BOOK ONE

THE MIND OF THE SOUTH

To those who follow the main-traveled road of American experience, as we know it today, the mind of the old South seems curiously remote. It is so archaic, so wholly apart from all present-day ambitions, as to appear singular. Yet the continental highways we now travel so familiarly, it must be remembered, were not the highways of an earlier America. It is the North that has changed, and not the South, and the nationality that sits so easily upon us would have seemed ominous to the simpler world that determined the ideals of the Old Dominion. The southern mind has grown old fashioned, but it is native and of long and honorable descent. It derived its singularity from the eighteenth century in which it took shape; and it retained the clear impress of its origins long after the eighteenth century had become an anachronism in America. It was primarily political, of the French rather than the English school; but it was economic also, out of Quesnay and Du Pont de Nemours rather than Adam Smith, with a frank bias towards the Physiocratic agrarianism that was so congenial to the needs and temper of a plantation society; and this political agrarianism, parochial in its outlook rather than national, suffices to explain the singularity of the southern mind in the eyes of a later industrialized America.

Simple and homogeneous in the early years of the nineteenth century, it nevertheless carried the seeds of disruption within it. Beneath the surface of this common political agrarianism disintegrating forces were at work, that were to produce broad cleavages of thought and lead to sharp differences of outlook and polity. An old South and a new South dwelt side by side, and to the West lay a frontier that took particular form as it came under the determining influence of one or the other. Virginia and South Carolina were the germinal centers of southern culture, from which issued the creative ideas that gave special forms to the brood of frontier states. Kentucky and Tennessee were the intellectual heirs of Virginia; Alabama and Mississippi were the intellectual heirs of South Carolina. Of these two schools of thought that looked in different directions and sought different ends, Jefferson and Calhoun were the intellectual leaders; and the contrasts in their philosophies the rejection by the latter of equalitarian idealism, and the substitution of economic realism-mark the diverse tendencies which in the end disrupted the South. Jackson and Lincoln were followers of the Jeffersonian school; Jefferson Davis finally went with Calhoun; and Henry Clay, lacking an adequate philosophy, wavered between them. The differences between these men were open and patent, and any analysis of the mind of the South, any attempt to understand the conflict of tendencies that marked the development of southern thought between 1800 and 1860, must give due weight to such differences. The problem, therefore, instead of being single is threefold, and involves an examination of the mind of Virginia, the mind of South Carolina, and the mind of the new West from the Ohio River to the Gulf.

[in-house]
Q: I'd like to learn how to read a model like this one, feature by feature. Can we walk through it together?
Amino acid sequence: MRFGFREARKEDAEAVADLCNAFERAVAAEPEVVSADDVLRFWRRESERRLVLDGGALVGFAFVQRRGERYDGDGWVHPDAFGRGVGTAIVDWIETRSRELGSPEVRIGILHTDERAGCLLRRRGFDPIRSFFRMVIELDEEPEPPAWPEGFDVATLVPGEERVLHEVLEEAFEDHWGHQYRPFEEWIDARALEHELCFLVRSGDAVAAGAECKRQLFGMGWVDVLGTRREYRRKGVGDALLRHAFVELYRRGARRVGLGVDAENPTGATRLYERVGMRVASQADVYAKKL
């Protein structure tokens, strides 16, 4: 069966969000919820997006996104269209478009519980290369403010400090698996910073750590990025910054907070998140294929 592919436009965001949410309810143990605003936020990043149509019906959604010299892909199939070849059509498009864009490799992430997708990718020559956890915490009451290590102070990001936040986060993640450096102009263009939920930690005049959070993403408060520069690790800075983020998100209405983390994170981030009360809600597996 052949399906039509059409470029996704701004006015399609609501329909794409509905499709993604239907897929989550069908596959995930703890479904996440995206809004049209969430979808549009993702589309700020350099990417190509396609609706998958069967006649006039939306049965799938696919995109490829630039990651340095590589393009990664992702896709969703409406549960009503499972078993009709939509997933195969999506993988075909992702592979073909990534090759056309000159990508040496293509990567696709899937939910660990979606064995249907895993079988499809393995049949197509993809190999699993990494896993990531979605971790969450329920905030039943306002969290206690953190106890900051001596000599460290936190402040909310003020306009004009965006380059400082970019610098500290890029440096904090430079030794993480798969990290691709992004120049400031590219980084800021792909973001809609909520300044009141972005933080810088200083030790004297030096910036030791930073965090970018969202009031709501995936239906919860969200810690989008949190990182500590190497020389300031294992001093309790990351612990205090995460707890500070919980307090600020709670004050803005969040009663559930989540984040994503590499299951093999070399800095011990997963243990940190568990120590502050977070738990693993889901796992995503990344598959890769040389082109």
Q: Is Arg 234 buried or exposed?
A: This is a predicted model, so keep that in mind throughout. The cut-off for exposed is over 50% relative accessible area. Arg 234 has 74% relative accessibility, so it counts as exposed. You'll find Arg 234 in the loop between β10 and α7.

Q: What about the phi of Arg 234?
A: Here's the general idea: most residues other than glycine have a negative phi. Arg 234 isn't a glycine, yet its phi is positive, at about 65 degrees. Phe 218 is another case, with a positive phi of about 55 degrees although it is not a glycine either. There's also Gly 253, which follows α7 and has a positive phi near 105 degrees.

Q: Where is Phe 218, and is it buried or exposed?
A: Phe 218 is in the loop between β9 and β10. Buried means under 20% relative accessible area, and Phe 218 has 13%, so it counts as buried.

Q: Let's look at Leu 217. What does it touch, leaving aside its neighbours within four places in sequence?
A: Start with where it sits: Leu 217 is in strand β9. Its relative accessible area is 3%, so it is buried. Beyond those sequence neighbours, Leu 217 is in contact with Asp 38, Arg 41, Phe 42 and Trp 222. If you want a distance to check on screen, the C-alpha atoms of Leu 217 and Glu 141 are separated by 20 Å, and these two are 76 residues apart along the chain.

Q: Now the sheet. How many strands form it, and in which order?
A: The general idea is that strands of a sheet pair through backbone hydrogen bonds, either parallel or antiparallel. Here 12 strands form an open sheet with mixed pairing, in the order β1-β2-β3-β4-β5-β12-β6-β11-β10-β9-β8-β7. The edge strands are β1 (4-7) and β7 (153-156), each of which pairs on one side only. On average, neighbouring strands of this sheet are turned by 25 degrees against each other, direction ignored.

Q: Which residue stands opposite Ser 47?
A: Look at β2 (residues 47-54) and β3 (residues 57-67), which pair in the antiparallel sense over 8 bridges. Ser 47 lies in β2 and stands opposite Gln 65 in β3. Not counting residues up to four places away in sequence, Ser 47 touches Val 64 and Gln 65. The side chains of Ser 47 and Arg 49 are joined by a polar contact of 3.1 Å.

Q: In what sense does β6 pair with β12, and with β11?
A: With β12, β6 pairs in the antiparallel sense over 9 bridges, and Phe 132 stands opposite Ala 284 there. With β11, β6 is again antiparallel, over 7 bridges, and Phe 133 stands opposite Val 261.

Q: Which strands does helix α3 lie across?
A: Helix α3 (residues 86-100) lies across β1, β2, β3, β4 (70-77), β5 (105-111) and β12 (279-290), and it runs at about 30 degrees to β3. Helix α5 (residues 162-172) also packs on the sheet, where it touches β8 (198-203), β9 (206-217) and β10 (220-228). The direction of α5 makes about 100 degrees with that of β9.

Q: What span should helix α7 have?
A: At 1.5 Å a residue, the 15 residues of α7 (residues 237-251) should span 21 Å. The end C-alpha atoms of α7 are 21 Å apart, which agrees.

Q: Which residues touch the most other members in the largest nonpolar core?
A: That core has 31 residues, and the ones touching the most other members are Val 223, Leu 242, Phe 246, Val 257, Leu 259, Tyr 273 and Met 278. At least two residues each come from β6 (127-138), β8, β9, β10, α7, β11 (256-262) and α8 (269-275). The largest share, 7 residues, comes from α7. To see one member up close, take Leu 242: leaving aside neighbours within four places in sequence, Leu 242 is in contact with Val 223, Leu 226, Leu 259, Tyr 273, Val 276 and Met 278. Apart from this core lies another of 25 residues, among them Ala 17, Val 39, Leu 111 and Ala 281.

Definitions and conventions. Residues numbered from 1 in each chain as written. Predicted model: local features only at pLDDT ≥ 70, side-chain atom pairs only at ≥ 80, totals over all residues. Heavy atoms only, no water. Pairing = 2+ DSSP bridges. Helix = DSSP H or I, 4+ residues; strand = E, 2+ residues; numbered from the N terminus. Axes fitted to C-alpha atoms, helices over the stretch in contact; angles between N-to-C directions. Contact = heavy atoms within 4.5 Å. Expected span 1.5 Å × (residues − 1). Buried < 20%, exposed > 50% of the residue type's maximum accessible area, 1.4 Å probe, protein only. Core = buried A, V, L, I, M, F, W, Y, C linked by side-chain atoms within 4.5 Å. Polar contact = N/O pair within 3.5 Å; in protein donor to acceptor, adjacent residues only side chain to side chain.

PART ONE

THE VIRGINIA RENAISSANCE

Chapter One

The Old Dominion

The history of the Old Dominion is an easy chapter in the textbook of economic determinism. It is a modern instance that exemplifies the law of land distribution and political control as laid down by James Harrington; it is another Oceana seated by the James River, that would not suffer a king to rule because gentlemen held the land and acknowledged no feudal dues or royal prerogatives. On the surface its history seems little more than a bundle of paradoxes. From the raw materials of English middle-class stock it created a distinguished and capable aristocracy, that was restrained from feudal tyranny by a vigorous yeomanry that held its land in fee simple and stoutly maintained its rights. Established on a slave economy, it adopted an agrarian economy, espoused a republic, and accepted the doctrine of democratic equalitarianism. It was generous, humanitarian, independent; parochial in its jealousies, yet farsighted in outlook; tenacious of its authority and quick to defend it, yet never mean or grasping. During the noonday of its power its influence was always on the side of local democratic freedom and the common well-being. It opposed the encroachments of the centralizing state and the spirit of capitalistic exploitation; yet its domestic economy rested on the most primitive of all exploitation.